The two candidates for president of Undergraduate Student Government presented two visions at Wednesday’s debate: one of expanding and rejuvenating USG’s current structure and one of restructuring the organization to maximize efficiency.
Presidential candidate Christian Kurth, current USG director of university affairs, advocated for USG to use its current structure to better advocate for students, while presidential candidate Matthew Arkfeld, current USG Senate speaker pro tempore, said USG will better advocate for undergraduate students interest by changing its internal structure.
“I believe what Kurth is offering to the table is really nothing new,” Arkfeld said. “I want everyone to think a little bit bigger. I believe that you did not do a sufficient job on behalf of the student body.”
Kurth said USG’s current mode of advocacy — surveying the student body on certain topics and bringing the results to administration — does bring about tangible results.
“One thing that I’ve noticed is how students don’t really understand how powerful their voice actually is,” Kurth said. “I really value the importance of surveys. Anytime you can get a survey with over 1,500 students or more, the university really does listen.”
Arkfeld, when asked if his one year of experience within USG was sufficient, said his activity as a senator, which includes co-sponsoring a resolution against raising tuition, shows his commitment to the student body.
“I believe that time is not really a measure; it’s more about action,” Arkfeld said. “I strongly believe that in this past year I’ve done a lot of action. In addition, as president of the student body, it’s about being in touch with the student body.”
Kurth, however, emphasized that his years of experience in USG have given him a better understanding of the organization’s role in the USC community and a better understanding of the operations of the university itself. When discussing the new security measures, he cited the effect of the Dept. of Public Safety’s efforts on both students and the surrounding community while also disagreeing with USC’s handling of the policy change.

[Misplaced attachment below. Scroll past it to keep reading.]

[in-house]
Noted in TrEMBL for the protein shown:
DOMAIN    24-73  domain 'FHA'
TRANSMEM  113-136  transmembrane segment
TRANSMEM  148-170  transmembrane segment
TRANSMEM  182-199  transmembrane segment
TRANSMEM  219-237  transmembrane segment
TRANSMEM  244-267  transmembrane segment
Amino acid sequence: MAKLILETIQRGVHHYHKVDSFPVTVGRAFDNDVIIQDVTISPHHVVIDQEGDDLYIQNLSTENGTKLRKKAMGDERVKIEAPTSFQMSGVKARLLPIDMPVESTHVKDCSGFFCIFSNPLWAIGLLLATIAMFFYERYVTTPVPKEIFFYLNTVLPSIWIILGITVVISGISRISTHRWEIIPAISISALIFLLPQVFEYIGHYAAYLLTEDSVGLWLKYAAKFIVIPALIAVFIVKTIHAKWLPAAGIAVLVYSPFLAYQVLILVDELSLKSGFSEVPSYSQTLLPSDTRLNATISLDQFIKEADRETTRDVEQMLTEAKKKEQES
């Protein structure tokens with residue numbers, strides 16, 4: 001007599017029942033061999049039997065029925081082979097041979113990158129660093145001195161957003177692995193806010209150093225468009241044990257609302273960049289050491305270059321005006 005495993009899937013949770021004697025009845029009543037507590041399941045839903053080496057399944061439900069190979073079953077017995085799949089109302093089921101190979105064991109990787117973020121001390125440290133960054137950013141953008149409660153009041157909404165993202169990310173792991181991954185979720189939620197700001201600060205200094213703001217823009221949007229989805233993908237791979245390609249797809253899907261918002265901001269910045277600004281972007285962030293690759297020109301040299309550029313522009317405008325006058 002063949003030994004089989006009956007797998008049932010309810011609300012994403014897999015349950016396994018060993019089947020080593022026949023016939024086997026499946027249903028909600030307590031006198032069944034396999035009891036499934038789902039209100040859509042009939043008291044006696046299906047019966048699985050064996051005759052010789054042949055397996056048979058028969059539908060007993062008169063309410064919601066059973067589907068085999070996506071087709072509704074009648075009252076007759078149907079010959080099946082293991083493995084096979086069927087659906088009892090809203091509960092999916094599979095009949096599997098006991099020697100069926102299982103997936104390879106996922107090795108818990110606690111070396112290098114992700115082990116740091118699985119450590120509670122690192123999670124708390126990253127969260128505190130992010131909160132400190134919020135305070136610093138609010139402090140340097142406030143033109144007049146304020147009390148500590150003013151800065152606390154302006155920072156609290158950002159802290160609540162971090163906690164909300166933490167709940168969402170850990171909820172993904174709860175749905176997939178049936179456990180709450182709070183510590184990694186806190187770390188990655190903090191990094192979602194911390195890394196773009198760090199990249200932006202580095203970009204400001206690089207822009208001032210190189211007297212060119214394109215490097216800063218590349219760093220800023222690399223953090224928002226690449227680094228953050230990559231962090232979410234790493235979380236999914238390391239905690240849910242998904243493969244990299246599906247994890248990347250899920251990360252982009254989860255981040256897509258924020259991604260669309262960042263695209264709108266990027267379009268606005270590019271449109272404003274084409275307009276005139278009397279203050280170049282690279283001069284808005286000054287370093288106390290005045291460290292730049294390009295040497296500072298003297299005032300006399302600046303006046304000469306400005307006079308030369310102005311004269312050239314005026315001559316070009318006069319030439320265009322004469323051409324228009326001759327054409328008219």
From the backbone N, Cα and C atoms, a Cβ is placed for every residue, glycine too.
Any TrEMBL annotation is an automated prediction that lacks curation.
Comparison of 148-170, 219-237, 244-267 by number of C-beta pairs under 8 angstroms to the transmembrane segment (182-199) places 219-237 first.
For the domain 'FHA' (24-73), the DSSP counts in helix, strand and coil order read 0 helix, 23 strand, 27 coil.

“The people that are more happy about our security [in general] are actually the community around us — we have over 400 security programs that USC puts on to strengthen the community around us,” Kurth said. “What I do think, though, is that the university should have consulted the students better.”
Arkfeld said the community’s relationship with USC is a priority for him.
“It’s more important to move forward and develop a tight-knit community and break these barriers down to foster a great relationship with the Greater USC area,” Arkfeld said. “I strongly believe that because community members cannot enter the campus … [is negatively affected and the measures are] not really doing what it’s set out to do – to make people feel safe.”
Students who attended the debate said that the debate gave them more information about the candidates’ platforms. Elli Hanson, a junior majoring in art, said that the debate helped her to understand the differences between the presidential tickets.
“I was really happy to be here because there were a lot of platform points that I heard from both sides that I didn’t really know just from pamphlets and stuff on Trousdale,” Hanson said. “I learned a lot at this debate.”
Director of the Jesse M. Unruh Institute of Politics Dan Schnur moderated the debate. Schnur noted that the crowd of 150 students in attendance was the largest turnout he had ever witnessed at the annual debate.
“I was extremely impressed by both tickets,” Schnur said. “I’ve moderated these debates for five years and this is by far the largest turnout I’ve seen..”
Current USG President Mikey Geragos said he thought the candidates both did a good job of vigorously debating important issues, but wished more students came.
“There were a lot of students who seem to have already decided which candidate they will vote for at the event,” Geragos said. “I really hope students who have not made up their minds go online, watch clips of the debate and research the candidates before they cast their ballots.”